The term Lyme borreliosis, has been used in medical literature since the scientific director of our research proposed it in 1985 (1). Since then, it has become known as a unique clinical entity in many respects.

Its pathology is chronic from the beginning and the whole host organism is attacked. It may have recurring symptoms for several decades after the bite of even one infected tick.

The pathological processes provoked by the causative agent Borrelia burgdorferi sensu lato result in a clinical picture progressing in a fluctuating way impacting the whole organism, and the patient may even temporarily appear as asymptomatic. Lyme borreliosis seems to entail an unusually numerous and extensive combination of disorders and syndromes (2).

The more than one hundred members of the B. burgdorferi sensu lato species potentially causing Lyme disease are classified in three genospecies groups with differing sensitivity to antibiotics and causing different clinical manifestations. More than one genospecies may be present in a single patient, and the contribution of each genospecies to the development of the clinical illness may even vary in time (3).

In Europe, the B. afzelii group, which is responsible for the development of the iconic Arthroborreliosis lymei, occurs most frequently (5) (6).

In the case of the B. garinii group the typical spreading redness of the skin, ECM (Erythema Chronicum Migrans), is usually missing, but the neurological symptoms develop early.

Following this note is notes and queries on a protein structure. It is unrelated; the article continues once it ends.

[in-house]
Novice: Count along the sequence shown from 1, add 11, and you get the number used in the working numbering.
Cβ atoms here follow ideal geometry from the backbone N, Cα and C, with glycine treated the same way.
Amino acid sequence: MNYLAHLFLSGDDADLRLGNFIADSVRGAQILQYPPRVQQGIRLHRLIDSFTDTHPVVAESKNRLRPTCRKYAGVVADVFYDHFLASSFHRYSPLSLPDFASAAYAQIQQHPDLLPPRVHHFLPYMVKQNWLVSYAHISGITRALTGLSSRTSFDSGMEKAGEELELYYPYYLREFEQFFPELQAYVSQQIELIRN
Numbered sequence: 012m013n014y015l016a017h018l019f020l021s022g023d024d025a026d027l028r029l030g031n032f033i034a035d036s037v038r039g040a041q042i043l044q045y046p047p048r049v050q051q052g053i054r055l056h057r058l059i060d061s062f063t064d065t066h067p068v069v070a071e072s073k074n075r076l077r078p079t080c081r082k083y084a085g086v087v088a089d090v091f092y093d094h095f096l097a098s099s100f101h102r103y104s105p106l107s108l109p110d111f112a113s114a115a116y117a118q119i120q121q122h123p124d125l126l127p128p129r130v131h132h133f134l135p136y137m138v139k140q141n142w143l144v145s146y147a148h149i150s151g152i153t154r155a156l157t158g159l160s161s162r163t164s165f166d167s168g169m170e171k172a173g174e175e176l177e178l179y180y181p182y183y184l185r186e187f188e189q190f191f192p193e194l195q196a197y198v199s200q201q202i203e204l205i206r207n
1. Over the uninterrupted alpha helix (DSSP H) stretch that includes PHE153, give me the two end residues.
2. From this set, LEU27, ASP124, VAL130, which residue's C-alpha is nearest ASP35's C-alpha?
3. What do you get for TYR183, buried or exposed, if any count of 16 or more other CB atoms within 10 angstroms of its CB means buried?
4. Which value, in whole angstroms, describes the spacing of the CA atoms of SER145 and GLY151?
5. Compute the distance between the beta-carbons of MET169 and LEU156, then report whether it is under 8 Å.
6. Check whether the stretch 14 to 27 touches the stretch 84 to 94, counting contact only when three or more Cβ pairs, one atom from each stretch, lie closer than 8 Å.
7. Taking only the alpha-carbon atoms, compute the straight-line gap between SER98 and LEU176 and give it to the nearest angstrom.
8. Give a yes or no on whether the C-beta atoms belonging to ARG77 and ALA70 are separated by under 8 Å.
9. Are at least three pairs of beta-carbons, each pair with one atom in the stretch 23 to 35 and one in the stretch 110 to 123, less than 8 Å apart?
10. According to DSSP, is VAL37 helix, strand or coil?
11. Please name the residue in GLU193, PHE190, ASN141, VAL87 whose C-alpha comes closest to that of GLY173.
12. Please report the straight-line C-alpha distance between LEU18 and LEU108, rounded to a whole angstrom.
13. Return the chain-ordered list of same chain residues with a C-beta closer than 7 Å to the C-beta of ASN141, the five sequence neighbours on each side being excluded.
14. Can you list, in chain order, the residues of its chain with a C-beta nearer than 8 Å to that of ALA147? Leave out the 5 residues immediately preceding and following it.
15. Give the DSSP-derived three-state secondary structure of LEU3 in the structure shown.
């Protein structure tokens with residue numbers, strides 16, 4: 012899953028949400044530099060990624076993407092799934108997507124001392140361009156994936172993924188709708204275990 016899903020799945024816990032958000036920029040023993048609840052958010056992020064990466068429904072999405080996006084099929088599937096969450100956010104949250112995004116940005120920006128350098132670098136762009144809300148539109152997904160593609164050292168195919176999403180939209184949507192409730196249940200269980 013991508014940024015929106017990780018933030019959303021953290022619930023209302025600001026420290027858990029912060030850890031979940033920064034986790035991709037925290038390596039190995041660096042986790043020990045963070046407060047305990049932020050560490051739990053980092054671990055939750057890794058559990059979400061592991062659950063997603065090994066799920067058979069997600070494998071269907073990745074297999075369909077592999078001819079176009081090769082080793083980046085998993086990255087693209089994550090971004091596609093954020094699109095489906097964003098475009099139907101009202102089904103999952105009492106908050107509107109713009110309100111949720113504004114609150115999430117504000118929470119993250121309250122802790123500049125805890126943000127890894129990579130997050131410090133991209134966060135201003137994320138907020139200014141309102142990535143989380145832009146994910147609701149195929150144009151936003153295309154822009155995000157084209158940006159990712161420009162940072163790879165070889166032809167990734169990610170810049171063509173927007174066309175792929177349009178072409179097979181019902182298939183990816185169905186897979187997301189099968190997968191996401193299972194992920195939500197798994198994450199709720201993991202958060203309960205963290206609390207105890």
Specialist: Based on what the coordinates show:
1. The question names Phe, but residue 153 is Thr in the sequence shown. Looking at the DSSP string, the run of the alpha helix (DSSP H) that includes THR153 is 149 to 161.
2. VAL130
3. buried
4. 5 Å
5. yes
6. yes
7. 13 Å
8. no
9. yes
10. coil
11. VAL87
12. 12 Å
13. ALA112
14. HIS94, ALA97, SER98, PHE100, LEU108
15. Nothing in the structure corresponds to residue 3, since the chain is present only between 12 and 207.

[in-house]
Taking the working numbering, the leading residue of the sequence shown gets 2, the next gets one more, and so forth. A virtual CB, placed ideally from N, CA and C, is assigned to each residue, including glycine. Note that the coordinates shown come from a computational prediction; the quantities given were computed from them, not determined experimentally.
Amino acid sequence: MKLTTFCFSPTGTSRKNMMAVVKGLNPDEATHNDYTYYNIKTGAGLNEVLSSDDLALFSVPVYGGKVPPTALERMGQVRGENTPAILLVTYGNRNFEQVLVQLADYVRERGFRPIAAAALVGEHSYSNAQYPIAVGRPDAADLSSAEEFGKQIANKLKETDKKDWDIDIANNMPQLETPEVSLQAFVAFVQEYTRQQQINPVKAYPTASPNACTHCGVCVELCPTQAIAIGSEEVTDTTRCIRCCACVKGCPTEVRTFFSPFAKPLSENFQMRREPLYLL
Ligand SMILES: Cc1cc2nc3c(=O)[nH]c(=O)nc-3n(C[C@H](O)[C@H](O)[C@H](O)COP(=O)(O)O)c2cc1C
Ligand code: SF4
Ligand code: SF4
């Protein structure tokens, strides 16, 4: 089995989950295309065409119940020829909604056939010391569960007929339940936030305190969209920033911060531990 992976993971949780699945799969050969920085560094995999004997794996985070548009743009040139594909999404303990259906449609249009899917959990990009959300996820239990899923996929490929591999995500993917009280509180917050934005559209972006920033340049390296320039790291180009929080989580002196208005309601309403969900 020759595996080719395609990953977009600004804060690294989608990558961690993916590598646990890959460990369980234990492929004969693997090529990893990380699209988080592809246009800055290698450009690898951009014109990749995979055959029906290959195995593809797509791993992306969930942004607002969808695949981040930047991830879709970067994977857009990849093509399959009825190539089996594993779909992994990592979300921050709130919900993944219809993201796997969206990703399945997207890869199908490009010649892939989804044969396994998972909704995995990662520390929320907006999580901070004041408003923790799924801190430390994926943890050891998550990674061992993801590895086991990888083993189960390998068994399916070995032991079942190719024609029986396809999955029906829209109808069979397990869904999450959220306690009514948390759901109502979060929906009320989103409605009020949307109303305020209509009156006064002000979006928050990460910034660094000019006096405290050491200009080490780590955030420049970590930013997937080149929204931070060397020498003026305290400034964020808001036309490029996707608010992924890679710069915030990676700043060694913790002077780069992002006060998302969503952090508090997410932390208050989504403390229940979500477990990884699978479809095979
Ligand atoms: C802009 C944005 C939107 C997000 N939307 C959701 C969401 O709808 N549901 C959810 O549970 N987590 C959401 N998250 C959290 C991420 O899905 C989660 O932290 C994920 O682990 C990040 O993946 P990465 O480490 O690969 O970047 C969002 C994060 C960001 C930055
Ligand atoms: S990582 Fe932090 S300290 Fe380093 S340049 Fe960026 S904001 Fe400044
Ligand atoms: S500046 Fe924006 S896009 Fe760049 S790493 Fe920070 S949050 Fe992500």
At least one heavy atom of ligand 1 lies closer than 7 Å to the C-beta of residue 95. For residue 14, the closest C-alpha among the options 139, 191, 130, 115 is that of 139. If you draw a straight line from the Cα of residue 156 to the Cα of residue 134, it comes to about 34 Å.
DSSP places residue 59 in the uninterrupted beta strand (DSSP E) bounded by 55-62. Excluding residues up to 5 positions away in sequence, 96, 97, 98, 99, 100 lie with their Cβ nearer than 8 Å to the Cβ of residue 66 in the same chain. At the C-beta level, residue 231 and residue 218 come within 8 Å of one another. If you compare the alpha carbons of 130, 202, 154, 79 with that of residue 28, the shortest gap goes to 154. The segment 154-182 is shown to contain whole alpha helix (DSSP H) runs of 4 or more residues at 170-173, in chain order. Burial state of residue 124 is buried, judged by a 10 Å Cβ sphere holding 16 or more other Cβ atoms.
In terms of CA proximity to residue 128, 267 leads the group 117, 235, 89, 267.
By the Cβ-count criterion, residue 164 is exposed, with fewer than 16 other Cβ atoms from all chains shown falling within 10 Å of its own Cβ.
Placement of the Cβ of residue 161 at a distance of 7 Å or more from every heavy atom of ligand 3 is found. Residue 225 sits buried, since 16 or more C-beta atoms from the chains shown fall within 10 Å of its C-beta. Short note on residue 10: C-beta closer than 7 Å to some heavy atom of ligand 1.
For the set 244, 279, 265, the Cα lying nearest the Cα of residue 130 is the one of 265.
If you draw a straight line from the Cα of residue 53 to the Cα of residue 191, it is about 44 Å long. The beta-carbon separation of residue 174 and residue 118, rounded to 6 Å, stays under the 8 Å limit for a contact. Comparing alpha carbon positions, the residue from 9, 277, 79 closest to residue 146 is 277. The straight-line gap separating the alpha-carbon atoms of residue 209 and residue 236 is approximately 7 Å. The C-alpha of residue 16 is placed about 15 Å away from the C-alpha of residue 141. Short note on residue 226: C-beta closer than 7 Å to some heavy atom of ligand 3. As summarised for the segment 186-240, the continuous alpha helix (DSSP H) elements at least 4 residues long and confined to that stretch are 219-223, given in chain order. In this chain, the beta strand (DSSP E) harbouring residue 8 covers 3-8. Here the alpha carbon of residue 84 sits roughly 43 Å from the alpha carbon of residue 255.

The B.b. sensu stricto group is relatively rare in Europe, ECM and arthritis, the iconic symptoms caused by this group, have been known since the first description of the infection.

In addition to the strains causing Lyme borreliosis, further Borrelia groups have been identified but these pathogens rarely occur in Europe. The clinical condition caused by the B. miyamotoi group is also often coupled with the characteristic dermatitis. The genetic separation from the pathogens of the Borrelia burgdorferi sensu lato group has been known since 2011 (4) (7). The borreliosis caused by B. miyamotoi is even regarded as a separate disease entity based on the symptoms caused (8). Its genetics are close to the B. recurrentis group, which causes recurring fever (febris recurrens).

The underlying cause of the diseases with recurring character, caused by the Borrelias may be their different life cycle in the human organism. It may be caused by the interaction between the slower reproduction period of the causative agent and the human organism. As opposed to the three weeks’ generation cycle of the Borrelia burgdorferi sensu lato, the B. miyamotoi group causes mild fever and clinical deterioration every other week, whereas the B. recurrentis causes fever roughly every week (9). The Borrelias, which have changing pathogenity, shape the pathology depending on the season and the patient’s actual physical and mental state. This is how the generally characterisable pathology manifests itself in a completely individual manner.